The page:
Bad Email Contest Results

Email & Voice Mail

Thanks to all of you who responded to the Bad Email Contest.  There were some terrific rewrites, but I should remind many of our readers that the passive voice should not be used (stet). Before I announce the winners, let’s review the email and address some of the main blunders:

Subject: Hi Peter!

@Peter- our Sales Department reached out about scheduling a high-level during the November timeframe on premise. Attached is a questionnaire about potential topics which is proprietary in nature.  Please action and advise and don’t hesitate to reach out to Sam and I.

Best Regards,


The subject line:  I’m a friendly guy, but “Hi Peter!” doesn’t tell me what I need to know or do.

@Peter: Not everyone has seen this Twitter salutation and many who have think it’s too informal and kind of bizarre for an email.  Save it for Twitter only.

reach out: This phrase has become viral in some organizations.  I’d save “reach out” for emergencies (e.g., “Please reach out to your neighbors the next time you feel a pang of loss for your dear departed ferret, Shep.”

high-level:  You can interpret this anyway you want, and that’s the problem.  If you mean to refer to a senior staff meeting just say so.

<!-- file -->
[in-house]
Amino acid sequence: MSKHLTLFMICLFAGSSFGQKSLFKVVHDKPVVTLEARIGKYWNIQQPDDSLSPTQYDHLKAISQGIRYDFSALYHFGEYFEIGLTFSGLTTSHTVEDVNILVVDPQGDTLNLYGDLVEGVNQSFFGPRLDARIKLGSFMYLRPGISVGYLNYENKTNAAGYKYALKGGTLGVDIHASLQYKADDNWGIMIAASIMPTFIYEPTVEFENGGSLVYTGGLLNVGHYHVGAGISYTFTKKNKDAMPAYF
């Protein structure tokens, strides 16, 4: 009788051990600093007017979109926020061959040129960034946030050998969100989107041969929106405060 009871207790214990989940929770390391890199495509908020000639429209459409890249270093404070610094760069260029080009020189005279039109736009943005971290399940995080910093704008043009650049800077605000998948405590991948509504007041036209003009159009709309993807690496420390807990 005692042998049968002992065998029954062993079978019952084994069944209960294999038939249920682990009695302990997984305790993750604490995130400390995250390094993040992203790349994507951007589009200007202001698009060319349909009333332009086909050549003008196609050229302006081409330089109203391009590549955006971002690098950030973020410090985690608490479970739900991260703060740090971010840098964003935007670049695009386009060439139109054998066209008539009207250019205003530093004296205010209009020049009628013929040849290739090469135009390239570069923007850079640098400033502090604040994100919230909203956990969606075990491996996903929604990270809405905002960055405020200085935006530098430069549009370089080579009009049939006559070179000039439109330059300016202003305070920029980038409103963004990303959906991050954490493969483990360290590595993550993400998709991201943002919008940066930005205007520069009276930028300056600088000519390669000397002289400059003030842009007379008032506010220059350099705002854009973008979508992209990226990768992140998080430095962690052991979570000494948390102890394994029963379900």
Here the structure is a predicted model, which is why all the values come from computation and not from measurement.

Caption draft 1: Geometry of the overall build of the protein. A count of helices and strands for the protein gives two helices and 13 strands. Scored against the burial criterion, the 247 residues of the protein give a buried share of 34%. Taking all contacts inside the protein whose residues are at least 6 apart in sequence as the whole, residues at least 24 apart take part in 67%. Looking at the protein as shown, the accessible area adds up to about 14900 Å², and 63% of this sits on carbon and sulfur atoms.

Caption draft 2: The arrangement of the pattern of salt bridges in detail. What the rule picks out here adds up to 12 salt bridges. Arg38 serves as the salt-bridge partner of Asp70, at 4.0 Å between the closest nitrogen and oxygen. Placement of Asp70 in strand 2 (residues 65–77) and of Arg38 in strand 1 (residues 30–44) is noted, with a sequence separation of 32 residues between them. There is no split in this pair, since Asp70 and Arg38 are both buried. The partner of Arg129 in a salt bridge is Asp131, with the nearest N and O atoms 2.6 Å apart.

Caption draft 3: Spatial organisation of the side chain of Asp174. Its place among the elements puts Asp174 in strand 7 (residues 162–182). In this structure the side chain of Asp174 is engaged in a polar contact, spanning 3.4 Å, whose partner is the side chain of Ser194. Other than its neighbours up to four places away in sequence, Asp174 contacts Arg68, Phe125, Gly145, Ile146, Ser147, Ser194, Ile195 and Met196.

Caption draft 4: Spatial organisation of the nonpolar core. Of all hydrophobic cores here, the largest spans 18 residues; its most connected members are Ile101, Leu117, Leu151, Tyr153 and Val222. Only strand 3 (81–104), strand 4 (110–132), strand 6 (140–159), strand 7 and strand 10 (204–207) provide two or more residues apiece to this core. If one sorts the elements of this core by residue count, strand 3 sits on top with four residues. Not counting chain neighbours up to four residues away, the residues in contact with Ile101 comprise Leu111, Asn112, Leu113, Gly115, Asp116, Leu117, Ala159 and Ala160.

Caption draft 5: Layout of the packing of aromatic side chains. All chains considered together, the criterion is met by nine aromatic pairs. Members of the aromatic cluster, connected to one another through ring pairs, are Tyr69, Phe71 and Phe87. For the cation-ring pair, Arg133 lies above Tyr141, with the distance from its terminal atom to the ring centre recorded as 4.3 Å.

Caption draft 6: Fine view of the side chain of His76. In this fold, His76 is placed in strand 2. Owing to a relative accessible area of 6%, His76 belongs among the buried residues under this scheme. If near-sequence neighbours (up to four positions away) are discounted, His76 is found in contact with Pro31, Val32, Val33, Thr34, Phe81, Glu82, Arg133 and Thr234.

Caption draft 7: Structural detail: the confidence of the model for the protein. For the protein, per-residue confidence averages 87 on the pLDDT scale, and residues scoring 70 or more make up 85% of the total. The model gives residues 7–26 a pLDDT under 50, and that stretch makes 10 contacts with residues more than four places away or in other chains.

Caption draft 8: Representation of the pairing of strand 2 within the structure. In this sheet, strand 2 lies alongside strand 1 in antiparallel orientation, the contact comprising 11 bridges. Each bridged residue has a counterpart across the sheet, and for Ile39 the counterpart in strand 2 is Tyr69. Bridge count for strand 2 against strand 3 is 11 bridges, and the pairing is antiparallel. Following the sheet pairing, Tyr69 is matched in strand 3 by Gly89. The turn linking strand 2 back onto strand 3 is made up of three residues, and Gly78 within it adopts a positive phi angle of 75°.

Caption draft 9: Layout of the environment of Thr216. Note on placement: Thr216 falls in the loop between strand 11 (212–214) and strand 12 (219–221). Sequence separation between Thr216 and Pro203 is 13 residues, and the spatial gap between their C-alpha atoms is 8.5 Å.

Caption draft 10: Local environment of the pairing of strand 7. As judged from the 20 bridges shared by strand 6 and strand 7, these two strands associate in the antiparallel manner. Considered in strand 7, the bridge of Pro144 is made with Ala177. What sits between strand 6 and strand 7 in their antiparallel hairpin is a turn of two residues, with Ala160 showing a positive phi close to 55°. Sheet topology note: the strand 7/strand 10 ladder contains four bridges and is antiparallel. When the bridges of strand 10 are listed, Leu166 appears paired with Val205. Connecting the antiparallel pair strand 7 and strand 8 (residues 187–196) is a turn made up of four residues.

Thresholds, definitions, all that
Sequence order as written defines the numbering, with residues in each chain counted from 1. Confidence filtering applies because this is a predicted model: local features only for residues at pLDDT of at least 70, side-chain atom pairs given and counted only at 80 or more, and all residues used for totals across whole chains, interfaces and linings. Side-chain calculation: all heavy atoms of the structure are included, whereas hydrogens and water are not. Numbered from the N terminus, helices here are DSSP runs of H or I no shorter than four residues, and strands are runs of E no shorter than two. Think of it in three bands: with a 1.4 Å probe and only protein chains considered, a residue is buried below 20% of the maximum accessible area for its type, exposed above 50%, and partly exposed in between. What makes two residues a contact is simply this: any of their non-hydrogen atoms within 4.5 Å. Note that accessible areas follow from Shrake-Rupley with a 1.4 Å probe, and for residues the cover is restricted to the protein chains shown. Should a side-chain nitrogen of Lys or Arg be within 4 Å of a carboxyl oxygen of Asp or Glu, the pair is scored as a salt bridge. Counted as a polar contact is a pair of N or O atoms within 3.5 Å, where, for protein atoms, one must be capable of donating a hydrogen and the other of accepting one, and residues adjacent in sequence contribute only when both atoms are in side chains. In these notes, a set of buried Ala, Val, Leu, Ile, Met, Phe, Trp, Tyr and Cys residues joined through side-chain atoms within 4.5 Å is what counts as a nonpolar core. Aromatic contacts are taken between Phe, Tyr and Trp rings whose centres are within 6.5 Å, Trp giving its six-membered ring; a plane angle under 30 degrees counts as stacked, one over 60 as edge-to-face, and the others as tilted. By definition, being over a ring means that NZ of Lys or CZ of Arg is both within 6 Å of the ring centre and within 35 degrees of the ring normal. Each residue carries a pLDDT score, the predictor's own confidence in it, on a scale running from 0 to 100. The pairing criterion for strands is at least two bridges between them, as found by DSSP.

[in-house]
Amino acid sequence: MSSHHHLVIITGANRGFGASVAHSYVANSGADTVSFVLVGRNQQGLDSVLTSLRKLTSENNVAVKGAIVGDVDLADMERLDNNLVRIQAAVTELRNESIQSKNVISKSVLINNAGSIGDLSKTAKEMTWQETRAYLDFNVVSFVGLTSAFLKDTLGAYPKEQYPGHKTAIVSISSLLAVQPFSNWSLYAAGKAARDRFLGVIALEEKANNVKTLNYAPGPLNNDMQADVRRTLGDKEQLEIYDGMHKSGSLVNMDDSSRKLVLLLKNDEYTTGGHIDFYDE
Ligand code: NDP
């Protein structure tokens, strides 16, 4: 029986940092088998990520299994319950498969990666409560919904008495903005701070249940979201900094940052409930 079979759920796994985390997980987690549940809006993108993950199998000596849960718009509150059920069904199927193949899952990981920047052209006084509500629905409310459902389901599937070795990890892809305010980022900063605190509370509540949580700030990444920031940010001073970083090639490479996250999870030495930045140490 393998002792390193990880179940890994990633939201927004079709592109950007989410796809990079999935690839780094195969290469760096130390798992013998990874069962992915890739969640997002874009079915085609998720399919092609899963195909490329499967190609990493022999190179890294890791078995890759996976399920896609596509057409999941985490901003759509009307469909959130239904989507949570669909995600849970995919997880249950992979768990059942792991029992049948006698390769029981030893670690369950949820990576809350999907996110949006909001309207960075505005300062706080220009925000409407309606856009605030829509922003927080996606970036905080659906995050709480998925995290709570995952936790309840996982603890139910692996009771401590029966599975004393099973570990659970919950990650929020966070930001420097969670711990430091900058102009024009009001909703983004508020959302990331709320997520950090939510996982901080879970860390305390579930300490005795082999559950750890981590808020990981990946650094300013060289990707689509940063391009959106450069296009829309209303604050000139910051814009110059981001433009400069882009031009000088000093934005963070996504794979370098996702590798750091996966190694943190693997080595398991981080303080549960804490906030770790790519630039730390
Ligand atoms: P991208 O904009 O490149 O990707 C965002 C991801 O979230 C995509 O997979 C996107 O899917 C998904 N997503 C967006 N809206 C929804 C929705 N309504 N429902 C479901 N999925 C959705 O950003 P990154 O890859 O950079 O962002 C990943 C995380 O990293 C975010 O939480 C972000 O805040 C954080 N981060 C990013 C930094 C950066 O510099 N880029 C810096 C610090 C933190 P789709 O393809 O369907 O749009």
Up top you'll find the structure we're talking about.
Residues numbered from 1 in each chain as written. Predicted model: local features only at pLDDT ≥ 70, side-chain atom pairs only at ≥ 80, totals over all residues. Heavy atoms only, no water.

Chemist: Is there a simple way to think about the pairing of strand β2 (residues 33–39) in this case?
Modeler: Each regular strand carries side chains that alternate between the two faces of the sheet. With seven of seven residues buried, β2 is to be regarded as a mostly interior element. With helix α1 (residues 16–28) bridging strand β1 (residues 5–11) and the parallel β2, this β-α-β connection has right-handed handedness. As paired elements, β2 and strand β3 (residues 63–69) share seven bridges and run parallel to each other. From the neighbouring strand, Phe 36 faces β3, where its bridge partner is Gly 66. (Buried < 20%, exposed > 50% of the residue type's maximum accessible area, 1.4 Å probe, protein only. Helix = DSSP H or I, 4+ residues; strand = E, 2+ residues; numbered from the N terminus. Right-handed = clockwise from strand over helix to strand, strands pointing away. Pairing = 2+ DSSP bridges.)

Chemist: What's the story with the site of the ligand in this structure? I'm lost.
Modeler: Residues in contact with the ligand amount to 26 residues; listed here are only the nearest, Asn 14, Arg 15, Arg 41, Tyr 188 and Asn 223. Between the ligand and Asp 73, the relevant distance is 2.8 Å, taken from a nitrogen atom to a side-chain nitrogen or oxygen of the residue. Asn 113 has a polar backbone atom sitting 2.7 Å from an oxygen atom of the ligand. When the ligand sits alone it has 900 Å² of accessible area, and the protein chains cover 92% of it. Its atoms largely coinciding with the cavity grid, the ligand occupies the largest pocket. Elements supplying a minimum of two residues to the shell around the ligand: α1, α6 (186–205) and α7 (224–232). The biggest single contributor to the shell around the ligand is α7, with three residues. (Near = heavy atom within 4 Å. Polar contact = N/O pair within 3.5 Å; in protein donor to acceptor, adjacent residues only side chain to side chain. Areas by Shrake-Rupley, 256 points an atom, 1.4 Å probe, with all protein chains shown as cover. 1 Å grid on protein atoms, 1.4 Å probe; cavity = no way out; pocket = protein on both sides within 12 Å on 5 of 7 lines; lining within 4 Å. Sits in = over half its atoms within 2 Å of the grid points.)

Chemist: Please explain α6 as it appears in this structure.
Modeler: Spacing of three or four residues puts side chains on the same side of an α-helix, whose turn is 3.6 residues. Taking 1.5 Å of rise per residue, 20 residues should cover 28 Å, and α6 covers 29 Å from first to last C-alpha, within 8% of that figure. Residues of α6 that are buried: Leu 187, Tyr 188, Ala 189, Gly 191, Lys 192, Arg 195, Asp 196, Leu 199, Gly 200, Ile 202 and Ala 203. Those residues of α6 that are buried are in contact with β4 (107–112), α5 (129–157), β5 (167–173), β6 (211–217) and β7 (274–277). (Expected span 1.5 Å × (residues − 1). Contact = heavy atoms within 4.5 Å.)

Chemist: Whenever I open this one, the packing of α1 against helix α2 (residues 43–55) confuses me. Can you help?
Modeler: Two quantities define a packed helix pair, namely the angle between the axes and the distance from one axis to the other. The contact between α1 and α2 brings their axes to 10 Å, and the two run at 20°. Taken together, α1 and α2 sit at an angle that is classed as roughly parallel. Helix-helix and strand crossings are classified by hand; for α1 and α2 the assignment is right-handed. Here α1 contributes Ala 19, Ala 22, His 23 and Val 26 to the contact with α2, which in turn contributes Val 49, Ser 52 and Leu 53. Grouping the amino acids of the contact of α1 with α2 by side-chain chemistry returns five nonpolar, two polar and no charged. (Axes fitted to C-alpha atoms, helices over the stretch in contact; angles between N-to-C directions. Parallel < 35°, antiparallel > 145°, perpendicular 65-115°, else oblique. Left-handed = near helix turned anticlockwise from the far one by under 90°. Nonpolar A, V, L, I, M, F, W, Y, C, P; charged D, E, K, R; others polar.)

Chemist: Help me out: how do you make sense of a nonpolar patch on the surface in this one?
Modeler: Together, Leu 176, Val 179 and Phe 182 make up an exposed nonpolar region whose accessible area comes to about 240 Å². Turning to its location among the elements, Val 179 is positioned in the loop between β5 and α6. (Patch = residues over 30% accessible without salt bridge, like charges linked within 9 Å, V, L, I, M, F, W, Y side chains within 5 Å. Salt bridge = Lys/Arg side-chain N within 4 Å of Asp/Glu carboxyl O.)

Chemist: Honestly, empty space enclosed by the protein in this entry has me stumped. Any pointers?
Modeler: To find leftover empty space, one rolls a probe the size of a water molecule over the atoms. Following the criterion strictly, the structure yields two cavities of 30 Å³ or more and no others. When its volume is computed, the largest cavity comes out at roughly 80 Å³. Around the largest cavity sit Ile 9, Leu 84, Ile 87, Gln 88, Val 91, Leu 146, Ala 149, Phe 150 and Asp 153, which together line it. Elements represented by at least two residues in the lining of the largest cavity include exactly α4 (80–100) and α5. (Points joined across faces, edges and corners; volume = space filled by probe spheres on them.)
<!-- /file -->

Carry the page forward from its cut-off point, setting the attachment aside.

timeframe:  Way too redundant; “November” itself is a timeframe.

on premise: Even though the person means “in our office,” which is more specific anyway, I’ve seen people use this phrase when they really mean “on premises.”

which:  “Which” is always preceded by a comma when it introduces a non-restrictive clause and should always be next to what it modifies, which in this case is “questionnaire” not “topics.”

proprietary in nature:  As opposed to in captivity?

action:  Is not nor will it ever be a verb.  Ever.

advise:  Also viral in organizations, but it is very unspecific.  Advise about what?  Whether I should take an umbrella?

to Sam and I:  Review your notes from elementary school. “I” never comes after a preposition.

Best Regards:  Only capitalize the first letter of the first word of your close.


1. The only caveat on the winning entry–there’s no due date mentioned in the subject or email body:

Subject: Potential Topics for Nov Sales Meeting

Hi, Peter,

Sales would like to schedule a strategy meeting here in the office in November. Attached is a confidential list of potential topics for your review. If you have anything to add, don’t hesitate to send it to Sam and me.

Best regards,


2.  I hate potty humor, but this is one of the lowest order:

Yo Peter, sales department is in the toilet. idea constipation of the highest order. Creatiive production needed ASAP. They are looking for some relief. Use discretion. They need to have movement by november.

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